There is more power in telling little than in telling all.
I log, but don't rate shorts (≤40 minutes).
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This review may contain spoilers. I can handle the truth.
The film's storytelling is quite captivating, despite my initial dislike (Sorkin-like fast paced writing with no context, which I guess serves some purpose) but I found some of the formal decisions Andrew Patterson made to be baffling in this. Apart from the ineffective way of framing the first part of the story through a TV screen (which was bothersome but not too much), I thought the juxtaposition Patterson was ostensibly trying to create with low level shots with the idea…
As much about the power art can possess as it is about love. Its first half, which ends with the film getting rather uncomfortably didactic, is put to great use in its second half to sneak up on you. A very affecting film that's not at all shy about doing some meta-commentary along the way. All being said, the necessary byproduct of such a film is the tendency to make look every frame a painting, which, while beautiful to look at, tends to break the illusion at times. (This was particularly bothersome in some of the most intimate moments.)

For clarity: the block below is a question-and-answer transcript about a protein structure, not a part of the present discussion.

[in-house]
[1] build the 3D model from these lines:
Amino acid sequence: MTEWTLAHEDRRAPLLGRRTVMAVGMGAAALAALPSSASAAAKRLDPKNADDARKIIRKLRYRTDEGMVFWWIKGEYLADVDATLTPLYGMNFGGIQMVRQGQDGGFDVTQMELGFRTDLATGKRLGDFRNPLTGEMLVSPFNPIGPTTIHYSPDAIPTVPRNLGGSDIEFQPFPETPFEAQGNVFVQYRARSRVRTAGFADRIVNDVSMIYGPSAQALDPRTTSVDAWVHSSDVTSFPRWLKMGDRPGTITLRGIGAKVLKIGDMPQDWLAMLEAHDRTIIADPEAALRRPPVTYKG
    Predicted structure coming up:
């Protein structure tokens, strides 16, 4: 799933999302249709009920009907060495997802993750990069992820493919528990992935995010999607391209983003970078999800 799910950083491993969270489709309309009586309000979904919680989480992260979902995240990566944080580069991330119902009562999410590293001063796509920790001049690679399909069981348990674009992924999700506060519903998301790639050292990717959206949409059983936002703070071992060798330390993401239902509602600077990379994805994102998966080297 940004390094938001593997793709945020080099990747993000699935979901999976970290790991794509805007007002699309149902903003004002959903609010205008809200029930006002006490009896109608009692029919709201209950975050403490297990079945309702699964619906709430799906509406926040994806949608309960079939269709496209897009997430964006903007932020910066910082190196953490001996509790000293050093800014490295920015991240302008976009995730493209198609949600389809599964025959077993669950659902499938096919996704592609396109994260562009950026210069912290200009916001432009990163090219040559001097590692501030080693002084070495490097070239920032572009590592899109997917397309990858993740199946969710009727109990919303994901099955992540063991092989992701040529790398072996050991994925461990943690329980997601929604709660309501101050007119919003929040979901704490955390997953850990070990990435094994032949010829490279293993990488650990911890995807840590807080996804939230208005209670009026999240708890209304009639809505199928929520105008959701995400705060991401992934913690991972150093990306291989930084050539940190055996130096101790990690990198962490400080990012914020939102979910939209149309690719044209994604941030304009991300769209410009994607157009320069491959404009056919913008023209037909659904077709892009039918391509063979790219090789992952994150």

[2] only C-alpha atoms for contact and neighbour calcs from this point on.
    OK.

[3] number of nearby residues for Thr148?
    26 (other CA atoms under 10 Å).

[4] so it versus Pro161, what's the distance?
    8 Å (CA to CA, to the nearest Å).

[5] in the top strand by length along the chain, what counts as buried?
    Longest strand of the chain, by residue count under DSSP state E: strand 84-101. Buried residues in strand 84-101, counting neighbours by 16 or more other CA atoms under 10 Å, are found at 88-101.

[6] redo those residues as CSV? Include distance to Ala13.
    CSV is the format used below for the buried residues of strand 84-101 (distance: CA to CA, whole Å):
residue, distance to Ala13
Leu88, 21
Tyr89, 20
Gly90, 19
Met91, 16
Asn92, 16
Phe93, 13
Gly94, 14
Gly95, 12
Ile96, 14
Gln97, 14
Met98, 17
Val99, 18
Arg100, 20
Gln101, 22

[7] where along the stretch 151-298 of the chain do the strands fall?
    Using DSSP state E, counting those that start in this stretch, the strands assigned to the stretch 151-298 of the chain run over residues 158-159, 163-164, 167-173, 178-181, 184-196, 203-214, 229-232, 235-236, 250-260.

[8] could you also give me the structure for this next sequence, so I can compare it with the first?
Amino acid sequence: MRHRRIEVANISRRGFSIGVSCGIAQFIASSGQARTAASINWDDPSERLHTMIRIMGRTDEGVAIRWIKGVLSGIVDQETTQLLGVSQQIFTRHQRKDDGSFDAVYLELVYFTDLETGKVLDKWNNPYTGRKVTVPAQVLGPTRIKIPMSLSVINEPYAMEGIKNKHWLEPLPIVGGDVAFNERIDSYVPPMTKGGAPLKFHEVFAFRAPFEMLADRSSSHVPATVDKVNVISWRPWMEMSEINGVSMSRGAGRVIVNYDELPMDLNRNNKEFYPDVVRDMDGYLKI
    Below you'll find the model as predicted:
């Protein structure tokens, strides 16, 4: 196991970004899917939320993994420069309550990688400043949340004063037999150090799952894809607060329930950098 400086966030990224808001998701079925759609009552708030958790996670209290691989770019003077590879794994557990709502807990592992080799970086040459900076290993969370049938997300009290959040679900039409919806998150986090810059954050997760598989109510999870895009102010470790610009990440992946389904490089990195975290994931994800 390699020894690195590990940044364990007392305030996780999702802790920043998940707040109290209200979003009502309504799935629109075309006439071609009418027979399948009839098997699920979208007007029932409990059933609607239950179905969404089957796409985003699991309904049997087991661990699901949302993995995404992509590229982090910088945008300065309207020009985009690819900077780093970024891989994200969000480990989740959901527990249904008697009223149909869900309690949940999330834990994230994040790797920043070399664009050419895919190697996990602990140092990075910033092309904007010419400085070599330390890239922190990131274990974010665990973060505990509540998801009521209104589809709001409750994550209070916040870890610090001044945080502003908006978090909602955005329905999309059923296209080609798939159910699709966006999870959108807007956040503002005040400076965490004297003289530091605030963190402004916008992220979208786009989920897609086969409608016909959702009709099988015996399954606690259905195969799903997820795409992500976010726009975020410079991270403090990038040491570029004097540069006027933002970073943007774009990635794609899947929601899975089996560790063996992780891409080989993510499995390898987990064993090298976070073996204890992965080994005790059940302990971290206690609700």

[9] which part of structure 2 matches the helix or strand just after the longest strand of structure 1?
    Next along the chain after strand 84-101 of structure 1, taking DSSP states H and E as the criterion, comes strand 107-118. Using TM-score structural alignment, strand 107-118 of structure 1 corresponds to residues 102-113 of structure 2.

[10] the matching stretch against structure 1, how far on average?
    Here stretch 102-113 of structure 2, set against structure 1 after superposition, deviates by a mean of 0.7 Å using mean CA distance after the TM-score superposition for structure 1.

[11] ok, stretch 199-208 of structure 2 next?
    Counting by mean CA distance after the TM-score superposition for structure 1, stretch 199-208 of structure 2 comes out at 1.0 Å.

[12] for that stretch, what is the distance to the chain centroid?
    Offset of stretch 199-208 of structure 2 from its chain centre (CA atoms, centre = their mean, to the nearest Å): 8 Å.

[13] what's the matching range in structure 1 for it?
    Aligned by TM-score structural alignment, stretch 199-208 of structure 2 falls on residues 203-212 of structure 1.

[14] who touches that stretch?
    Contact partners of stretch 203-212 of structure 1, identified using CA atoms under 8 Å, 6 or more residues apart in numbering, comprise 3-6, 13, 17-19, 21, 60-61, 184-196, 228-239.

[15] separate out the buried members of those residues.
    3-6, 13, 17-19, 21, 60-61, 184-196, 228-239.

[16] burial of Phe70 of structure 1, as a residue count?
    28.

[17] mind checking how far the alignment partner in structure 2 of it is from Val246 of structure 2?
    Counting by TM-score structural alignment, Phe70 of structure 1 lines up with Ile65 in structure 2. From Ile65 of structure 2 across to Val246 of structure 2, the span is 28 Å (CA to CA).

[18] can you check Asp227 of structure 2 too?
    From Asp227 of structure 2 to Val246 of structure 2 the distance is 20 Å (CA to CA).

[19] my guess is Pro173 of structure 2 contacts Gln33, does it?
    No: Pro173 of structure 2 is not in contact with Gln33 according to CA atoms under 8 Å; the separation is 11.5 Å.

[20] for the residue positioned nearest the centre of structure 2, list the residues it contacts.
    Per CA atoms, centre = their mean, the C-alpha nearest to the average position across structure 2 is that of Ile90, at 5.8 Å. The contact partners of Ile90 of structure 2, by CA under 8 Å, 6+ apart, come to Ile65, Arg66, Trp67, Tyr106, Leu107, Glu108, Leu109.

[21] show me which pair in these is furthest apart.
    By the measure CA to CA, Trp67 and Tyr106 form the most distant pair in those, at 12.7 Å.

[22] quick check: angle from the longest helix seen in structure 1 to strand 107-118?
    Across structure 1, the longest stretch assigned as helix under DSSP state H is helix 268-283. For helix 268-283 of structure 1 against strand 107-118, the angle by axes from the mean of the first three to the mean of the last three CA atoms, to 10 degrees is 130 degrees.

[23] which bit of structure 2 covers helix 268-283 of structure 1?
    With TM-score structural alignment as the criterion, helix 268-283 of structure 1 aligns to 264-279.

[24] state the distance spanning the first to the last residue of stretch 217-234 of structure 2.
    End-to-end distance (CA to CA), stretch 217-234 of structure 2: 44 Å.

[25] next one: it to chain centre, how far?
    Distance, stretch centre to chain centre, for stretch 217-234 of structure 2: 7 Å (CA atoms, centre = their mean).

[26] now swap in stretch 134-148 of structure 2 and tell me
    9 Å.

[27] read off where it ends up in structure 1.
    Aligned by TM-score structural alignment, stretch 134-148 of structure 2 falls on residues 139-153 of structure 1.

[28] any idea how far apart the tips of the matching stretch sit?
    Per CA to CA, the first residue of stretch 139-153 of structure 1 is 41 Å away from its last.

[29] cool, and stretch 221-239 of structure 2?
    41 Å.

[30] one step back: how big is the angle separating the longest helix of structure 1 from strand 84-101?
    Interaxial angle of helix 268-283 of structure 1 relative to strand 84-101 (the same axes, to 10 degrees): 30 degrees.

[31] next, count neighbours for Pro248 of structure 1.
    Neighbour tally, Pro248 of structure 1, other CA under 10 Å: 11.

I can't stop thinking about Rebels of the Neon God's opening sequence.
Hsiao-Kang notices a cockroach aimlessly wandering into his room. He then walks up to it and traps this worthless creature in the most cruelest way possible, and after he's had his fun, he throws it out the window. But it being a cockroach, comes back and sticks on the closed window while it's raining outside — eager to make the same mistake it initially did by entering the room.
If that's not the perfect metaphor of youth, I don't know what is.
Great start to my journey into Tsai Ming-liang's filmography.
I traveled 5 hours to see The Wild Pear Tree in the city it was shot in, but I was simply underwhelmed with it.
If you're familiar with Ceylan’s works, the film can simply be summed up as a mixture of Clouds of May and Winter Sleep. The film tries to achieve the earnestness of Clouds of May with the impeccable execution (both in dialogue and direction) of Winter Sleep but it ends up achieving neither. This feels like Ceylan’s…